I wake up screaming. The night has a thousand eyes. They won't believe me. They won't forget. They live by night. You only live once. On dangerous ground. In a lonely place. Raw deal. Try and get me. Out of the past.
Where was I?... Oh, yes. It's that time of year again, when children go back to school and fruit falls from the trees and, down at First Avenue and University Street, the film noir faithful come out for their autumnal fix. Twenty-eight years now Seattle Art Museum's underappreciated and undersupported film curator Greg Olson has been celebrating the ebon beauties and sleazy undercurrents of what has become, in retrospect, and through retrospectives like Olson's, a disconcertingly respectable genre. Love is strange.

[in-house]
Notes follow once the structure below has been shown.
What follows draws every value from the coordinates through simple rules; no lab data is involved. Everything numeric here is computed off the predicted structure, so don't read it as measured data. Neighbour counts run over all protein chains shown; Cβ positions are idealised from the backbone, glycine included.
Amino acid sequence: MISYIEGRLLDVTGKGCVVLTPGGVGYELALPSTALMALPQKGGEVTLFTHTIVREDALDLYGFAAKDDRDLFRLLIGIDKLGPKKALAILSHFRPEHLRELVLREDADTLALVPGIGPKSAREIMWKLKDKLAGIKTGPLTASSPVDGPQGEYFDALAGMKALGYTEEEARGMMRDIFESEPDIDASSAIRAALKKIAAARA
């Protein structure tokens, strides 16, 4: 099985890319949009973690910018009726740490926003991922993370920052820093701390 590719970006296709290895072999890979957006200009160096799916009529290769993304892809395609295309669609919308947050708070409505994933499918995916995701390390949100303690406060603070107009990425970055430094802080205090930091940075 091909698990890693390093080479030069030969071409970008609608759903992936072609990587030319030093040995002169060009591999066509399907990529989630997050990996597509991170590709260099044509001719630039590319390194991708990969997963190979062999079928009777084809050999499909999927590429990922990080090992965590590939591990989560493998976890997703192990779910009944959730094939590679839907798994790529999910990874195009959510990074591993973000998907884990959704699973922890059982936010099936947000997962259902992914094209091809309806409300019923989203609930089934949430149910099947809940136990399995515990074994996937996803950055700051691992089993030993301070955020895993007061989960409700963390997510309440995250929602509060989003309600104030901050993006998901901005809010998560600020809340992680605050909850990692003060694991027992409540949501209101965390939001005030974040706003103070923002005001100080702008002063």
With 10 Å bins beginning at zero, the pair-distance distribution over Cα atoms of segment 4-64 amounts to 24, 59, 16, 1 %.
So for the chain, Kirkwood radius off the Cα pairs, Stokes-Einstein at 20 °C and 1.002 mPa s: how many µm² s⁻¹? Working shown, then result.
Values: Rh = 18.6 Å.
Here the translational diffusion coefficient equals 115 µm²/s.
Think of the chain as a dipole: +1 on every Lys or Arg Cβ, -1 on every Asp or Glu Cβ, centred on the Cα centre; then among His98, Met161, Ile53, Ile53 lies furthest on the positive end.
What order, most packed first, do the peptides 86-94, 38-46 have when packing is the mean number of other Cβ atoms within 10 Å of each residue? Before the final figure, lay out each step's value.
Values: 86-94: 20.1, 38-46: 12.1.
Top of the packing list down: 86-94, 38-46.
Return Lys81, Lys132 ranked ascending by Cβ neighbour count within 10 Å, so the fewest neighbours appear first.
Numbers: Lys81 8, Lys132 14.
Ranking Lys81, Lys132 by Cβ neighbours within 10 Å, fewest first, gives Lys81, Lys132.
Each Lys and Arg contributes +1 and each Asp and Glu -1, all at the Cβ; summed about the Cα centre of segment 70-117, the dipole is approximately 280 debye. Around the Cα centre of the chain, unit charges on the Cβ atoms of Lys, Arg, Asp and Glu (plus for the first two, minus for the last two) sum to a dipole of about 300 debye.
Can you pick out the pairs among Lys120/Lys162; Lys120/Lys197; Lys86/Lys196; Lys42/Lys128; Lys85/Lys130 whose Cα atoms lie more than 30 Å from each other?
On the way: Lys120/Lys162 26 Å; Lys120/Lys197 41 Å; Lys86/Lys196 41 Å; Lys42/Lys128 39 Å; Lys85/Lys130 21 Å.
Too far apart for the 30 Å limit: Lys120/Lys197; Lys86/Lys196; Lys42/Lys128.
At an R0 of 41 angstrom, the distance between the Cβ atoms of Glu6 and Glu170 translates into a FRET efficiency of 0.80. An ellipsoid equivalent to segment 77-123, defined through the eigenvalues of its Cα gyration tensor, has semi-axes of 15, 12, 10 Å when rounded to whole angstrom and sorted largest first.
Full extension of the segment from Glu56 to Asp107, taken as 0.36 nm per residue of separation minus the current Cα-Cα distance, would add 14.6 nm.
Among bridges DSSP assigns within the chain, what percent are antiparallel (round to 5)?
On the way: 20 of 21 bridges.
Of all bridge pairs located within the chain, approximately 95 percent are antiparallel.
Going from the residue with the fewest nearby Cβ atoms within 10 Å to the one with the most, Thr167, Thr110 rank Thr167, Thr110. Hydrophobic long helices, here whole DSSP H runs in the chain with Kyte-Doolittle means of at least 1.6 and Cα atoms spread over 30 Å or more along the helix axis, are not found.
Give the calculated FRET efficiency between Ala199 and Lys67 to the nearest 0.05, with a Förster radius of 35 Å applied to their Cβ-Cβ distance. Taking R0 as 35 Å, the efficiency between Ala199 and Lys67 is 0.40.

"Mystery Street: The Film Noir Cycle" does not include "Mystery Street" among its 10 cinematic specimens, nor indeed any of the titles cunningly woven into the opening paragraph of this article. But it does contain: an essential noir masterpiece unseen (in a decent print) for decades; two artifacts lit and lensed by John Alton, the film noir cameraman supreme; two pungent efforts by noir's most prolific director, Robert Siodmak; a torrid transfusion of Technicolor and Marilyn Monroe; a movie boasting the only original screenplay by Raymond Chandler; a breakthrough work by a once and future titan; and - always a healthy move - several forays into unsung, program-picture territory, just in case one or more of them don't deserve to be left unsung.
All show at 7:30 p.m. Thursdays, Sept. 29 through Dec. 8, in SAM's Plestcheeff Auditorium. If this seems early to be announcing it, guess again: series tickets go fast -$58 SAM members, $65 others; phone 654-3121. Individual tickets may be available at the door (100 University St.) at 7 p.m.